What I try to achieve with my work is to show that life isn’t as glossy to everybody, and specially that even though many people live in bad conditions, they are also capable of doing wonderful things with little means. That is to me, truly inspiring.
On a personal level, the projects that really interest me tend to be “heavy” as you say, so I don’t really spend much of my personal time and resources to research “lighter” projects. Saying this, a lot of my commissioned work is to photograph things that to me aren’t socially engaged, but have a great photographic potential, and I enjoy spending my time photographing it. For example this year, I have spent over two months photographing Lisbon for a city guide. It was wonderful to wait for the good light and photograph out in the streets without a clear message around my images.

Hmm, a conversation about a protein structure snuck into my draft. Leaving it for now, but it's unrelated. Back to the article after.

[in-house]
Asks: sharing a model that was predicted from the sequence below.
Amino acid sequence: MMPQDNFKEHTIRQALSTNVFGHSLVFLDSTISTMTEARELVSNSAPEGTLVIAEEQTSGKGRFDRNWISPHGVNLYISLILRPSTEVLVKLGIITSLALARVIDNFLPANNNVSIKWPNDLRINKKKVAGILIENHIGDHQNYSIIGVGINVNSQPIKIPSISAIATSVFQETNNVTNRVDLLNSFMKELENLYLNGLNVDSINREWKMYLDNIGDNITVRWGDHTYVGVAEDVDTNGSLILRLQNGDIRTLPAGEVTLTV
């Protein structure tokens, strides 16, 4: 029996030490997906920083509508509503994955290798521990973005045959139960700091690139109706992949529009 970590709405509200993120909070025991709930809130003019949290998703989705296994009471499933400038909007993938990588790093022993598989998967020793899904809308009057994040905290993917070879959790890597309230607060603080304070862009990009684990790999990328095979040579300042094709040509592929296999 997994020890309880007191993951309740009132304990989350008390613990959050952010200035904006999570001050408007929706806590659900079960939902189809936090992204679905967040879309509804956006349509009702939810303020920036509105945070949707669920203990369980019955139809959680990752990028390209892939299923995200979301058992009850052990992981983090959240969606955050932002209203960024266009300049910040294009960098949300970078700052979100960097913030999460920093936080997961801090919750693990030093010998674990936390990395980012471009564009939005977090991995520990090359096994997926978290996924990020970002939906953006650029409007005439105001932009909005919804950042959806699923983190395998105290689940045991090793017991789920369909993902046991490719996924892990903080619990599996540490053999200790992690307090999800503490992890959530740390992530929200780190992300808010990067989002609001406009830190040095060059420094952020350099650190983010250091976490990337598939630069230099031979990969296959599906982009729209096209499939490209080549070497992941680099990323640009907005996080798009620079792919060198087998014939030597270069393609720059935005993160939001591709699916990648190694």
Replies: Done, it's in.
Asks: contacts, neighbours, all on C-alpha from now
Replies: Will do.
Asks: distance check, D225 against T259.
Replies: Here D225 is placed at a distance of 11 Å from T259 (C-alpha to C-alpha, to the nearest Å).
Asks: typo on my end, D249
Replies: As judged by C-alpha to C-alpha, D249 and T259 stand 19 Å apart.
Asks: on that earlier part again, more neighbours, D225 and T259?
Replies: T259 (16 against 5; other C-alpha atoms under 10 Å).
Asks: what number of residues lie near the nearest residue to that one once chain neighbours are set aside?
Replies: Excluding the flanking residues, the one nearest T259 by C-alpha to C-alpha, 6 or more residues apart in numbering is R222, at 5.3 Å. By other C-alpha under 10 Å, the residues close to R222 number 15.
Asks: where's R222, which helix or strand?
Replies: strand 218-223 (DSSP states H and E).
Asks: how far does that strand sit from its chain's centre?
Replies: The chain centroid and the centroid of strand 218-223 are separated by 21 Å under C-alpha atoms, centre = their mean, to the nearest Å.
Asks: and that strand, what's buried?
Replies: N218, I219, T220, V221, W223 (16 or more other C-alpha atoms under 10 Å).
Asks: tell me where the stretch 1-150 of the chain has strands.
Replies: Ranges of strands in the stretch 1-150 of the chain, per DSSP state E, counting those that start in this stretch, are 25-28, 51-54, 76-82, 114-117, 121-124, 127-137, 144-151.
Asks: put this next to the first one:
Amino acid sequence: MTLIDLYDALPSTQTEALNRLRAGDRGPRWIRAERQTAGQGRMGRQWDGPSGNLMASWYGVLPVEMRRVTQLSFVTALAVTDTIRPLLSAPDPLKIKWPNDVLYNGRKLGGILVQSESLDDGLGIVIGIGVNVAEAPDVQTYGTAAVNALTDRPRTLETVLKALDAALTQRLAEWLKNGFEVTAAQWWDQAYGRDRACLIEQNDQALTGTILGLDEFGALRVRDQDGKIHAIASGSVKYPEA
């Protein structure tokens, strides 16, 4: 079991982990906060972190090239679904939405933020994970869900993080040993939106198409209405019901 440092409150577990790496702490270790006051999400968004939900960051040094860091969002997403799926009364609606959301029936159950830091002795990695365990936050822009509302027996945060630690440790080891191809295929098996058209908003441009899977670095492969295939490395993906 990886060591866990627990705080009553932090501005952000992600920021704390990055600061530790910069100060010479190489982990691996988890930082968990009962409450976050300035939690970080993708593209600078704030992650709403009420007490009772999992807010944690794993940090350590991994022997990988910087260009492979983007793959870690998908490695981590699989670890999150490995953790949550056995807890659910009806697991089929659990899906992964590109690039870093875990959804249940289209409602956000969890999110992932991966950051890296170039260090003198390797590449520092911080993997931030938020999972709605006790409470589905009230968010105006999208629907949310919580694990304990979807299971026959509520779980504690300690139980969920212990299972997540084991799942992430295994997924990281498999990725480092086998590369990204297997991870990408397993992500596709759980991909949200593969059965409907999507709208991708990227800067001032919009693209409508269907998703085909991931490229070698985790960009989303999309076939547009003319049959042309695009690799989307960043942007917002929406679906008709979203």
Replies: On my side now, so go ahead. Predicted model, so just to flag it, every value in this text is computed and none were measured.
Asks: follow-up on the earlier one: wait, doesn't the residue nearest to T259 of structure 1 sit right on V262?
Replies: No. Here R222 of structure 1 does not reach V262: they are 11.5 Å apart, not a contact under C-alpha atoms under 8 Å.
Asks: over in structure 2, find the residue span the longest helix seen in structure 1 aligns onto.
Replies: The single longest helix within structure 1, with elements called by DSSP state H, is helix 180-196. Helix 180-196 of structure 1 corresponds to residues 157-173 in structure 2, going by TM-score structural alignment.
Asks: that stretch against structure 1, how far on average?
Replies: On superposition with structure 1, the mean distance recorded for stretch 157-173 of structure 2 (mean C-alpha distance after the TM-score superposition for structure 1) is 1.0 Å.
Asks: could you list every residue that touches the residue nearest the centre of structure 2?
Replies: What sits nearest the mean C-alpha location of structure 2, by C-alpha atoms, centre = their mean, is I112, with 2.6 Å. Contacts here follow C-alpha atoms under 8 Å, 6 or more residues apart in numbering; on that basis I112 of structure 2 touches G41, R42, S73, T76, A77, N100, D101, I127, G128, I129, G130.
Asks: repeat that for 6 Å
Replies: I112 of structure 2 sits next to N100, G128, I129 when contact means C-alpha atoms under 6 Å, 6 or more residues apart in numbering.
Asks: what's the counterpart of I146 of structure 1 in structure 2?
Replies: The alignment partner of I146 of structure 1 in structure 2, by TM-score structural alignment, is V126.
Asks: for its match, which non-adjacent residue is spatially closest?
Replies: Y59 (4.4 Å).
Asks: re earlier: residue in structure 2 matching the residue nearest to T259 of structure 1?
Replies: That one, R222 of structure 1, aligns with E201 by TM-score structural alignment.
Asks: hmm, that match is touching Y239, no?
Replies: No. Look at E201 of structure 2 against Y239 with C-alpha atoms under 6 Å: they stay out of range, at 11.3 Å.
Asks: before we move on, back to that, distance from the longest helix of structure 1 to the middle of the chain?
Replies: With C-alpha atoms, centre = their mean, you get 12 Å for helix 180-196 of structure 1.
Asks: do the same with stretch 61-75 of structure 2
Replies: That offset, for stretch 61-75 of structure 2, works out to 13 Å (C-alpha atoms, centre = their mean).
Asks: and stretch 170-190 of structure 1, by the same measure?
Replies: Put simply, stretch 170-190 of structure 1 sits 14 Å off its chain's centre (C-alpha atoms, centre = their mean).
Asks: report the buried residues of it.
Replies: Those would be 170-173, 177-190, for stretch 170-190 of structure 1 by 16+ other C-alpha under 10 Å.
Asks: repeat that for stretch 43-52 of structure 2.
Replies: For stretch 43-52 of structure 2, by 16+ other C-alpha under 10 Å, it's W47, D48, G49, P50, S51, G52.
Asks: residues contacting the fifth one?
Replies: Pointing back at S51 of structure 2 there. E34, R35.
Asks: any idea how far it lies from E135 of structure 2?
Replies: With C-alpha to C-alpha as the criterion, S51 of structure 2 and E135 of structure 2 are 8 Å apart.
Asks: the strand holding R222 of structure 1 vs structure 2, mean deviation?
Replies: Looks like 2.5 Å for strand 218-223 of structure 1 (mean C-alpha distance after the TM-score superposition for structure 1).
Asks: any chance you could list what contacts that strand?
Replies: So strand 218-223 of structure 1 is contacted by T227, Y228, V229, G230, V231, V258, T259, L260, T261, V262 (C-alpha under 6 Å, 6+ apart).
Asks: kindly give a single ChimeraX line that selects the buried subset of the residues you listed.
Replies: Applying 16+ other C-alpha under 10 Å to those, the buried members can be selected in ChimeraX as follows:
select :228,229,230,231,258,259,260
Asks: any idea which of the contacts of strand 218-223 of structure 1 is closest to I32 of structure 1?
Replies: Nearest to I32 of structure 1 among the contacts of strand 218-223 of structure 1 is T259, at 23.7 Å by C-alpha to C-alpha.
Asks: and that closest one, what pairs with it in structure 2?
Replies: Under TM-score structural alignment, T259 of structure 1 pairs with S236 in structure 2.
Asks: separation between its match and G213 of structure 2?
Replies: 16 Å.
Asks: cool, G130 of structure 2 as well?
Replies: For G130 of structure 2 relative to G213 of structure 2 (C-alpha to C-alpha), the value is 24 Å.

L: Has the role of a photojournalist become synonymous with that of a global freedom fighter? One who searches out injustice and brings them to light?
JP: I never quite saw the role of a photojournalist that way. First, because most of the photojournalists around the world (and especially these days) our work can be very boring sometimes. Waiting to photograph press conferences, or what the politicians want us to see/show. On the other end, I think everyone who as a humanistic vision of life, tends to have a sort of “mission” to search injustice and shed some light over it. In my case, I think I was never very idealistic to think I could change anything with my work. I do want to recover images/stories/people for future reference and memory. I am very interested in the building of historical memory, and I think Photography is still today the most effective process/language to achieve that. So in my own vision, I think I am more interested everyday in History in itself rather then journalism.
L: You have visited quite a few of the current world’s ‘hotspots’ and seen various situations of. Has this given you any insight about more productive ways of facing these issues?